As she said goodbye to the closest people in her life when they departed for their "jolly boys' holiday", Suzy Evans could have no idea that her world was about to fall apart.
It was the last time she would see three of them. Days later this close-knit family was torn apart when the unthinkable happened.
It was a time for relaxation and enjoyment. To forget about studies, work stresses and the trivialities of everyday life in the searing heat on golden sands.
But the holiday paradise turned to horror as three generations of this loving family were lost when a crazed gunman opened fire on the beach in Sousse, Tunisia, on June 26, 2015. The attack resulted in the largest loss of British life to terrorism since 7/7. Thirty-eight people were killed, 30 of them British.
Back home in Wednesbury, Suzy was forced to come to terms with the fact her son, brother and father were dead.
Joel Richards, a student and up-and-coming football referee, was just 19. He died alongside his uncle Adrian Evans, 49, a council worker from Bilston, and grandfather Patrick Evans, 78.
The scale of the loss was unimaginable for Suzy, and her mother Maureen, who was never the same person after the tragedy and died in 2018.
Five years on from the awful events on the beach and nearby hotels, where terrified holidaymakers fled for their lives, Suzy reflected on the days immediately following the attack and how she attempted to rebuild her life around her son Owen, who survived the attack aged just 16.
Owen too told of the difficulties of being thrust into national focus at such a young age while attempting to process the fact he had just survived a terrorist attack but lost his brother, uncle and grandfather. He said he was forced to "grow up" in order to be there for his mother, as the pair helped each other to try and manage from one day to the next.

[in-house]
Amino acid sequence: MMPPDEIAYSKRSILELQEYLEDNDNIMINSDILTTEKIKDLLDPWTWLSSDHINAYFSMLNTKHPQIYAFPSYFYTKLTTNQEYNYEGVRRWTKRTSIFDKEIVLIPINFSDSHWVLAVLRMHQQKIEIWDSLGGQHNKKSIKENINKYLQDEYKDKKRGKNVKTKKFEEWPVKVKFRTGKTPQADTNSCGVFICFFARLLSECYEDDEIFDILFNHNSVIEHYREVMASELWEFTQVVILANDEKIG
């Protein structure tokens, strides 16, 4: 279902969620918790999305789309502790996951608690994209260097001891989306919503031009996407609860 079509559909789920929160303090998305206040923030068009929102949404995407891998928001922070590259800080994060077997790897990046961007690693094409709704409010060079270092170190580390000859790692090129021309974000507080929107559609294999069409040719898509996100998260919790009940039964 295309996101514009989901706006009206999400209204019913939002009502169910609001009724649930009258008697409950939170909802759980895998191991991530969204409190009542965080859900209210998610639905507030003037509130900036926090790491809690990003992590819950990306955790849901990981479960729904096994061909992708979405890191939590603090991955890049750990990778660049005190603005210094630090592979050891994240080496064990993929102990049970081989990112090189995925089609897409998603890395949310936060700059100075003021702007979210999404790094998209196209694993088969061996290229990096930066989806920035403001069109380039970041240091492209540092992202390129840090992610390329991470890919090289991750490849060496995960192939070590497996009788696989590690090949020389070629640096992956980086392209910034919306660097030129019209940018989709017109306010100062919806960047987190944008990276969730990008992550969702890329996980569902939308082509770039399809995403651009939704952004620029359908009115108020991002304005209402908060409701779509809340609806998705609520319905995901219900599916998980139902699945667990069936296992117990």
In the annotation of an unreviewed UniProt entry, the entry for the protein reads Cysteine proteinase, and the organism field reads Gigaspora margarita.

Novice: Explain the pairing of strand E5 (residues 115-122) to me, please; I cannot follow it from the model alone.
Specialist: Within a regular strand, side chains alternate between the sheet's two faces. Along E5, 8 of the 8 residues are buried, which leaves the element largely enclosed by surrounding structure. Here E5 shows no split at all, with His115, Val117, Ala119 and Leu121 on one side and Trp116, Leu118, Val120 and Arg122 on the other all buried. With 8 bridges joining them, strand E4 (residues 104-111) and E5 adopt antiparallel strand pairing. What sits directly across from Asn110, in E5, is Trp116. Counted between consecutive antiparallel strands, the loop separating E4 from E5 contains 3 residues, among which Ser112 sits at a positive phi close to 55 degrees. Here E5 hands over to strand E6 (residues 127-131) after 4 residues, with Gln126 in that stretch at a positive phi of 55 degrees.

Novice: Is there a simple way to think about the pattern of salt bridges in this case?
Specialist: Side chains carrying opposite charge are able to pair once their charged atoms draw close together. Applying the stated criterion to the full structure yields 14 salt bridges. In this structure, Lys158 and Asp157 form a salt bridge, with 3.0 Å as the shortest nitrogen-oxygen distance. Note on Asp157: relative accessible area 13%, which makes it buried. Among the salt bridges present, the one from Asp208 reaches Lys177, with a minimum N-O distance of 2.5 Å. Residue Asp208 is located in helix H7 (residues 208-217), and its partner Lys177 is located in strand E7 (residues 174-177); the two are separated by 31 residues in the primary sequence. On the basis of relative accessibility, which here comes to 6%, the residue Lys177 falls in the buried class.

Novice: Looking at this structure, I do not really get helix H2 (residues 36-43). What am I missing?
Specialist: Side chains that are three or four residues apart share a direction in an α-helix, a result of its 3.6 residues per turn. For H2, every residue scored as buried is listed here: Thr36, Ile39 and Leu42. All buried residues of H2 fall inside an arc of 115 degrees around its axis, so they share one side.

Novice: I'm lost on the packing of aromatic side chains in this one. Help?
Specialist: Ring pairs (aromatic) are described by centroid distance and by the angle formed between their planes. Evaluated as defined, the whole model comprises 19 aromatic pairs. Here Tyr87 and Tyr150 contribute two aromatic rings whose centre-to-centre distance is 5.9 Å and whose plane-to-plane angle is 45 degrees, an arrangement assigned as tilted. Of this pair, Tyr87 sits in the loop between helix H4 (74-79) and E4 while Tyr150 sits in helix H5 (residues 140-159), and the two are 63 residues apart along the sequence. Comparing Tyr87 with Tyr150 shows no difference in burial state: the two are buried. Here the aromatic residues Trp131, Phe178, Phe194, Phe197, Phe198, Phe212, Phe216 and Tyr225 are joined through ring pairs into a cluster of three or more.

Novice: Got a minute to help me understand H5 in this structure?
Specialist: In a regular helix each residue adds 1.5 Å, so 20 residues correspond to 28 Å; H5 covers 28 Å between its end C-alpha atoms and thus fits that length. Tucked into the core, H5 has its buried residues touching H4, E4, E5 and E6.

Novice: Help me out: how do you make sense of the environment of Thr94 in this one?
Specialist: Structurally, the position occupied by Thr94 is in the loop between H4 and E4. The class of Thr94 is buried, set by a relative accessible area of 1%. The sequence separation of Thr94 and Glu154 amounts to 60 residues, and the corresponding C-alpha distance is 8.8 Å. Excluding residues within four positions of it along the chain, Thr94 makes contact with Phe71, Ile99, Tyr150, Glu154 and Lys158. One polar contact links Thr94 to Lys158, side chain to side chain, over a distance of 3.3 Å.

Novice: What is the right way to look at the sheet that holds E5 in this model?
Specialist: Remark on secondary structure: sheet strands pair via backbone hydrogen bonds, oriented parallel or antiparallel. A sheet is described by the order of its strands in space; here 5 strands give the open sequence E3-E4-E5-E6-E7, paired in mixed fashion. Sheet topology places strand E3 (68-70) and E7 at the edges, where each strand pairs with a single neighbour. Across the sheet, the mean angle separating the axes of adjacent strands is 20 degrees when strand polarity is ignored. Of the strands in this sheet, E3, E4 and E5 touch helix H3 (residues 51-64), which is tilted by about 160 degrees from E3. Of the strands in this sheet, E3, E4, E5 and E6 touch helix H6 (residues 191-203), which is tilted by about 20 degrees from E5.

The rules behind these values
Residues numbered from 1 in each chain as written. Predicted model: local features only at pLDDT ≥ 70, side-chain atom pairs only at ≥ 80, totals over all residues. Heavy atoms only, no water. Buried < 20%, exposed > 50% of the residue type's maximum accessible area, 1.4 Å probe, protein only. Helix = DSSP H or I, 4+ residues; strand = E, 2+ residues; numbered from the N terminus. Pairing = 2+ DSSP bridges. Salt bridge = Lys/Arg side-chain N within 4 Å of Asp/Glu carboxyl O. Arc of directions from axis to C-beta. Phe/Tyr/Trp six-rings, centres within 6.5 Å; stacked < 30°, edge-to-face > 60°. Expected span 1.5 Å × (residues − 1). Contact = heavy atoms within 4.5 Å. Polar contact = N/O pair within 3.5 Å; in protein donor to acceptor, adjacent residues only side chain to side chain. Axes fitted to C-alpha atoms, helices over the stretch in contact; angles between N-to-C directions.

Out of tragedy spawned the charity Smile for Joel, which has seen mother and son do incredible work to help others who have suffered similar trauma to themselves. It has so far raised £300,000 and supported more than 1,500 families.
Suzy's world collapsed when she was told what had happened. Alongside the huge sense of loss was the miracle of Owen's survival, and it was difficult to make sense of such contrasting emotions.
"The biggest thing for me was dealing with two types of emotion. The emotion of happiness that Owen survived and then the emotion of loss that I've lost three. It didn't balance," she said.
"I was absolutely distraught, the fact I'd lost my eldest son, my dad and my brother. All those emotions... and when you lose your dad, that love is different. And when you lose your brother, again that's a different love, just as strong but different. And when it's your child that's on another level as well, so to try and deal with three lots of emotion, and then also be happy that Owen's here, it was like juggling balls of grief.
"It was so hard. For many months I just forgot about me. I had to focus on Owen and my mum."
More information at smileforjoel.com
Owen, now 21, said: "There's two sides to it. I was there, so I was a survivor. Then I came back and there was all these people with cameras sat outside the house, and I'm 16. That was quite a big shock.
"There's that side to it, then there's the other side because Joel, Ade and grandad weren't there. The people who you would want to support you through those kinds of things, weren't there.
"I guess I've had to grow up a little bit. I'd only just gone 16 when it happened and then obviously coming back and so much stuff going on. Because of the nature of what it was and quite a heavy topic, all of a sudden being thrown into all these different situations I think I had to grow up a little bit."
Suzy calls Owen her "saviour" who gave her a reason to carry on in her darkest time. The inseparable family of six were now a two.
Owen lets out a smile when his mother jokingly remarks the pair "don't always get on" - that's something every other mother and young son will be able to relate to - but both know how important the other has been to them over the last five years.